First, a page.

Home » Health Issues » Polycystic Ovarian Syndrome

I spent most of Valentine’s Day 2004 in the emergency room. I was screaming when I arrived in the ambulance, and that’s something. I seldom make any loud noises! I couldn’t help it, though. I was in some of the worst pain of my life because an ovarian cyst had burst. The doctors couldn’t really do anything but pump me full of painkillers and put me through lots of tests to rule out more serious problems.

Shortly afterwards, I learned that I could have bled to death had that cyst been right at a blood vessel. I’d never been warned of that, and had falled into thinking that it didn’t really matter that I wasn’t under treatment for PCOS any more. Obviously, I was wrong.

Polycystic Overian Syndrome, or PCOS, is more a collection of problems with a common root than a single illness. The symptoms can, in fact, be so diverse that many physicians do not tie them together to see the overall picture. The main symptom is that women with PCOS do not ovulate normally, but form ovarian cysts that can lead to other problems. They usually suffer from amenhorrhea (failure to menstruate) or dysmenorrhea (irregular or painful menstruation), infertility, and in some cases dyspareunia (pain during sex). The hormonal imbalance can lead to weight gain, hirsutism, acne and other problems. There is a very high incidence of depression in PCOS sufferers, as well. In some cases, women who gain a lot of weight may develop PCOS as a result of their weight gain. In most, though, it seems that the imbalance causes the weight gain. In my case, I was quite thin when the PCOS started, and after finally getting treatment for it I started losing weight without dieting.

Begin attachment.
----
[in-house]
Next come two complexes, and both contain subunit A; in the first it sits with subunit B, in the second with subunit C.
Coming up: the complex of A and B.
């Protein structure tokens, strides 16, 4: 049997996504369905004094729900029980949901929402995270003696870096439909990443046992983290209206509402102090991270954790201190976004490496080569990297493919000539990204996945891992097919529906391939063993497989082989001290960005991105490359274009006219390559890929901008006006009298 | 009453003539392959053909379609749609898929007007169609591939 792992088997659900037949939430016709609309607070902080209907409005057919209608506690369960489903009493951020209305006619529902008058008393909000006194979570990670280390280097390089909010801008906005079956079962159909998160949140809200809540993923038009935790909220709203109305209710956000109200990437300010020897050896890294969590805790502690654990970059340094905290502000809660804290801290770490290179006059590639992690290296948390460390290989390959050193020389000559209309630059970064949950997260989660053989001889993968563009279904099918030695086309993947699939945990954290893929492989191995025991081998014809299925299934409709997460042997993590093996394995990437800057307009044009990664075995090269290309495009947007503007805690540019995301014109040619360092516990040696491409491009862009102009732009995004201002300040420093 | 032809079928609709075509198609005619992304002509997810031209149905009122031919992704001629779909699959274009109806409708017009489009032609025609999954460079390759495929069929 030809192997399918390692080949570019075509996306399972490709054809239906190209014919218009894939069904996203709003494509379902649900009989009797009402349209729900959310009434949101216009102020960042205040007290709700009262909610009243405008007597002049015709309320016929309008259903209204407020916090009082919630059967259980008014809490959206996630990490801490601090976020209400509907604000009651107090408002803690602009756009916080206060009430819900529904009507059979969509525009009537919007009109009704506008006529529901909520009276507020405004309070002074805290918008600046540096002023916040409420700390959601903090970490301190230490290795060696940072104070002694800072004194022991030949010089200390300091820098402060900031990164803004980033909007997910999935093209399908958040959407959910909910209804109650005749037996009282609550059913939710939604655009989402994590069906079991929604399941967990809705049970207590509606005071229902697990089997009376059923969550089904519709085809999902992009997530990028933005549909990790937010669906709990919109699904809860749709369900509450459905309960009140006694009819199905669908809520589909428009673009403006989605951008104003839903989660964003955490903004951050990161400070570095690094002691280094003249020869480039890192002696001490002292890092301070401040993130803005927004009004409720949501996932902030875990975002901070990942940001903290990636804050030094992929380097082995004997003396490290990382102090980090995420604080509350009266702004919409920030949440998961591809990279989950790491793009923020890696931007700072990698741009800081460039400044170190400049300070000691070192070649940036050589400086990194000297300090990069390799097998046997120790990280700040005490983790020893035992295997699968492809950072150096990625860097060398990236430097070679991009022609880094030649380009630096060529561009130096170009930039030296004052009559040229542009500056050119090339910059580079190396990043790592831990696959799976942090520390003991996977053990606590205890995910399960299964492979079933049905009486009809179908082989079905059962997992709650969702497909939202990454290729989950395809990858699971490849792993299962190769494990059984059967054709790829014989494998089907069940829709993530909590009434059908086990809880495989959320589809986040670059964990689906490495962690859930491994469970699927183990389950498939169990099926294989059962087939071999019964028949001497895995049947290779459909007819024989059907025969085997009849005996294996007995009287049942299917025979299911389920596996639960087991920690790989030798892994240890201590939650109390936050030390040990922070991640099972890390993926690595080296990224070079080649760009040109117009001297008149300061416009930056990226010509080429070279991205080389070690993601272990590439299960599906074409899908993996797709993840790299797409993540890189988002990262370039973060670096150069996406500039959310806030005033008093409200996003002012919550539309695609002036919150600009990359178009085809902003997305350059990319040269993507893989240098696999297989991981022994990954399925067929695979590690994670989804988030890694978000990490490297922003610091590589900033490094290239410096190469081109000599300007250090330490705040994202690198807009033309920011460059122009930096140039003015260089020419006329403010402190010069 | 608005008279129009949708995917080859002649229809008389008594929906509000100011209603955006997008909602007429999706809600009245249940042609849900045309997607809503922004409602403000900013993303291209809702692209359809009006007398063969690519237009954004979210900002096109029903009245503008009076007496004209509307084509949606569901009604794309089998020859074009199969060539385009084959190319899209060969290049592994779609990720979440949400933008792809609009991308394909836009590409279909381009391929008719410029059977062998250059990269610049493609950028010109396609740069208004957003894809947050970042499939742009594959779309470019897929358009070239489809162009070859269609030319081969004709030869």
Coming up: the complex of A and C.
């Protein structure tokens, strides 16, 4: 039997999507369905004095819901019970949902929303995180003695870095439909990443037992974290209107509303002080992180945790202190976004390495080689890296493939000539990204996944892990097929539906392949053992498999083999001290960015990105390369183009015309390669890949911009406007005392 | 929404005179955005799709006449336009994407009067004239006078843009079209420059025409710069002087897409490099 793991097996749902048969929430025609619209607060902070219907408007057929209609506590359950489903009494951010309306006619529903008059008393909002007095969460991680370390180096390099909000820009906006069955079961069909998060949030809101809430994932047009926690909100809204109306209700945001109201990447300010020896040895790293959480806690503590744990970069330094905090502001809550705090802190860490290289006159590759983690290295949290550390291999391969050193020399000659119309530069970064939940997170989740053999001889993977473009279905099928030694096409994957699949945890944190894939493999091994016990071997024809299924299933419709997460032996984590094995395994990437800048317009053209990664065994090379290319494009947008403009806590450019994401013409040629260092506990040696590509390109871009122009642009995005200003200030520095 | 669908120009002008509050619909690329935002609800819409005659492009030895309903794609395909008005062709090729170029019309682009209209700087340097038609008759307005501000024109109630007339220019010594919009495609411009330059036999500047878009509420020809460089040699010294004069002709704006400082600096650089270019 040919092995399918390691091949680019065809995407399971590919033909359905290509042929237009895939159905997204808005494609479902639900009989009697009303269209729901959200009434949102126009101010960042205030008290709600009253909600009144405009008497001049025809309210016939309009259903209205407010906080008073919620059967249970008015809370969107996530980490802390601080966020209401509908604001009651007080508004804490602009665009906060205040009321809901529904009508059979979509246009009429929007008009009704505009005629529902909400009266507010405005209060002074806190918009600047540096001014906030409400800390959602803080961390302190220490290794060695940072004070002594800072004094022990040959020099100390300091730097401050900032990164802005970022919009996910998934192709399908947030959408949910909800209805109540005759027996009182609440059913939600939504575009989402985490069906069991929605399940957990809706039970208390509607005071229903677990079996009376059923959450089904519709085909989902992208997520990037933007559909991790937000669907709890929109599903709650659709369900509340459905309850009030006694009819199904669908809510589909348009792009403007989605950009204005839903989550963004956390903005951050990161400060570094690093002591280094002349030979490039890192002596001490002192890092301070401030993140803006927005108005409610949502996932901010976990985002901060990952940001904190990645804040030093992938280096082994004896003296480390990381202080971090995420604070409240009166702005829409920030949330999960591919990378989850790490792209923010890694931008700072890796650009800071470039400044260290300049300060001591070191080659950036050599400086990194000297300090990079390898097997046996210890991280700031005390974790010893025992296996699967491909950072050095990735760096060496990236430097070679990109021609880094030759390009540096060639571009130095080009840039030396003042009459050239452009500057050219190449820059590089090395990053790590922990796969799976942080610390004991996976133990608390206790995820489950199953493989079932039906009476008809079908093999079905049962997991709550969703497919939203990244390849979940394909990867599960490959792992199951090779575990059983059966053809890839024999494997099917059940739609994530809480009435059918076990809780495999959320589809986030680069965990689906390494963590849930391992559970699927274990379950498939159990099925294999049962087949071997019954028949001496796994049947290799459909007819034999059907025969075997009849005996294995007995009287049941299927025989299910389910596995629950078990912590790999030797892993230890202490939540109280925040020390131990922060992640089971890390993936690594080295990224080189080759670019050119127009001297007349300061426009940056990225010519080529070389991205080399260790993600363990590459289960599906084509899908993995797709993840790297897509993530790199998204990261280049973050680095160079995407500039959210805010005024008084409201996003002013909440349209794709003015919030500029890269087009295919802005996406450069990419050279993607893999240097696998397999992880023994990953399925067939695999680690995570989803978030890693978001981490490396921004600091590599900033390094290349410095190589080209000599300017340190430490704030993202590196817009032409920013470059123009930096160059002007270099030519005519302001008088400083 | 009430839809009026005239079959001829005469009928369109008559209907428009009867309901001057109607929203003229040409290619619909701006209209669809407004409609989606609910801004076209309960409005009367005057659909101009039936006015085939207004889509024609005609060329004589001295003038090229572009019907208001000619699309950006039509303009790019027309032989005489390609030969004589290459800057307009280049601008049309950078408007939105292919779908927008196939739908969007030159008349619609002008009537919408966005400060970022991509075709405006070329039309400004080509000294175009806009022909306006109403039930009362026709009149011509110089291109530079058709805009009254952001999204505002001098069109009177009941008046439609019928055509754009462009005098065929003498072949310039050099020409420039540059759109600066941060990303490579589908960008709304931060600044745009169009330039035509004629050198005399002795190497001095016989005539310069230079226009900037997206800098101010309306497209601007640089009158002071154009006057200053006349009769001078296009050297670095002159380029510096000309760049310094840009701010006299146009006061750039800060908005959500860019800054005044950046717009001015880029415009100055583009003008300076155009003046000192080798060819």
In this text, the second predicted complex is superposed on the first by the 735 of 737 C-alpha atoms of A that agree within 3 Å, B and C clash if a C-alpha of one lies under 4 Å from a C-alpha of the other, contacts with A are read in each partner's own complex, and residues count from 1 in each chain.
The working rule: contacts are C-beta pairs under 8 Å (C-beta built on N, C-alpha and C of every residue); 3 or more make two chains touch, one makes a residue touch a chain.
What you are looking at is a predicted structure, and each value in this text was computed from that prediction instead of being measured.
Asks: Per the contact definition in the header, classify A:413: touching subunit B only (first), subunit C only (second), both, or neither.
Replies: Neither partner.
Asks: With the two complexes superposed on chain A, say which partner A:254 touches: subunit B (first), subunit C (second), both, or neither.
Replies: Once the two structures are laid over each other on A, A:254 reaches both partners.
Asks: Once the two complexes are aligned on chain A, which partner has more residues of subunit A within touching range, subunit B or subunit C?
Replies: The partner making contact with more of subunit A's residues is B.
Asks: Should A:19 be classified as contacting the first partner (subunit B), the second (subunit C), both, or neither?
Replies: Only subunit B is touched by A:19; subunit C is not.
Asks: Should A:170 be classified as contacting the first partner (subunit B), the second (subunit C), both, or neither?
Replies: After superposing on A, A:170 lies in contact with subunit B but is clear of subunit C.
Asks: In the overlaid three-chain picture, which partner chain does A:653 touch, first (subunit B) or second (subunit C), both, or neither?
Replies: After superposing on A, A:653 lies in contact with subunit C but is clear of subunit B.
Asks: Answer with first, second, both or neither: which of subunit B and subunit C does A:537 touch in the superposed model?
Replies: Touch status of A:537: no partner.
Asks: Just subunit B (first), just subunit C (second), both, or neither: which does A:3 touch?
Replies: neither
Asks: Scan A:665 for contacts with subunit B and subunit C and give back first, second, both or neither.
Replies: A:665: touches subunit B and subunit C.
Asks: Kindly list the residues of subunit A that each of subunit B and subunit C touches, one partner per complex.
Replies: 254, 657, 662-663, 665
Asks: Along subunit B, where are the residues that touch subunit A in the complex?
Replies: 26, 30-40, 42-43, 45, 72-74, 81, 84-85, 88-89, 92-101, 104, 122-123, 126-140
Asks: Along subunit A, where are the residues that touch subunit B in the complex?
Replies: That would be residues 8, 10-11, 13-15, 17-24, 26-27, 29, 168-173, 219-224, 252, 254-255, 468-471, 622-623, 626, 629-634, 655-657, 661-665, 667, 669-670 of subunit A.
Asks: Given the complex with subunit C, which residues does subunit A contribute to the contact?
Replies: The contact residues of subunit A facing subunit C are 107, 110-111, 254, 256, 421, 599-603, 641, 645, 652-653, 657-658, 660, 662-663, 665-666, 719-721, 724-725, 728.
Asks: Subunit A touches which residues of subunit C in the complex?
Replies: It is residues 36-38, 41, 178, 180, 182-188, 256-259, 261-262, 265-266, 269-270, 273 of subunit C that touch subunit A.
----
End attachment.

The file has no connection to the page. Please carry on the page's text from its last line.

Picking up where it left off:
Current thought is that PCOS may be caused by insulin resistance, which can lead to type II diabetes. Thus, treatment with Metformin (glucophage) is sometimes helpful. Doctors have long used birth control pills in an effort to moderate the hormonal imbalance that is an important factor in PCOS. There are actually two kinds of birth control pills, though—those that increase the levels of androgens, and those that use estrogen/progesterone. For years I was given the androgen pills, which unfortunately increase the level of the hormones that are already too high. Switching to an estrogen/progesterone pill gave far better results.

Women with PCOS have a much higher risk for heart disease, diabetes, and some forms of cancer. Endometriosis, miscarriages and infertility are more common among women with PCOS than among those with normal hormone levels. It is, therefore, very important for women who think they may have PCOS to seek treatment even if they aren’t worried about having children and are not bothered by the overt symptoms. PCOSupport is the best resource I’ve found for information about PCOS.

Katie is my miracle baby. I was told by several doctors that I would never bear a child without fertility treatments, as I’d never ovulated regularly. About a year after having surgery to remove a great many ovarian cysts, though, I was suprised to find myself pregnant. Since then I’ve had two miscarriages, and I’m somewhat reluctant to try carrying a child again. Hope springs eternal, though!


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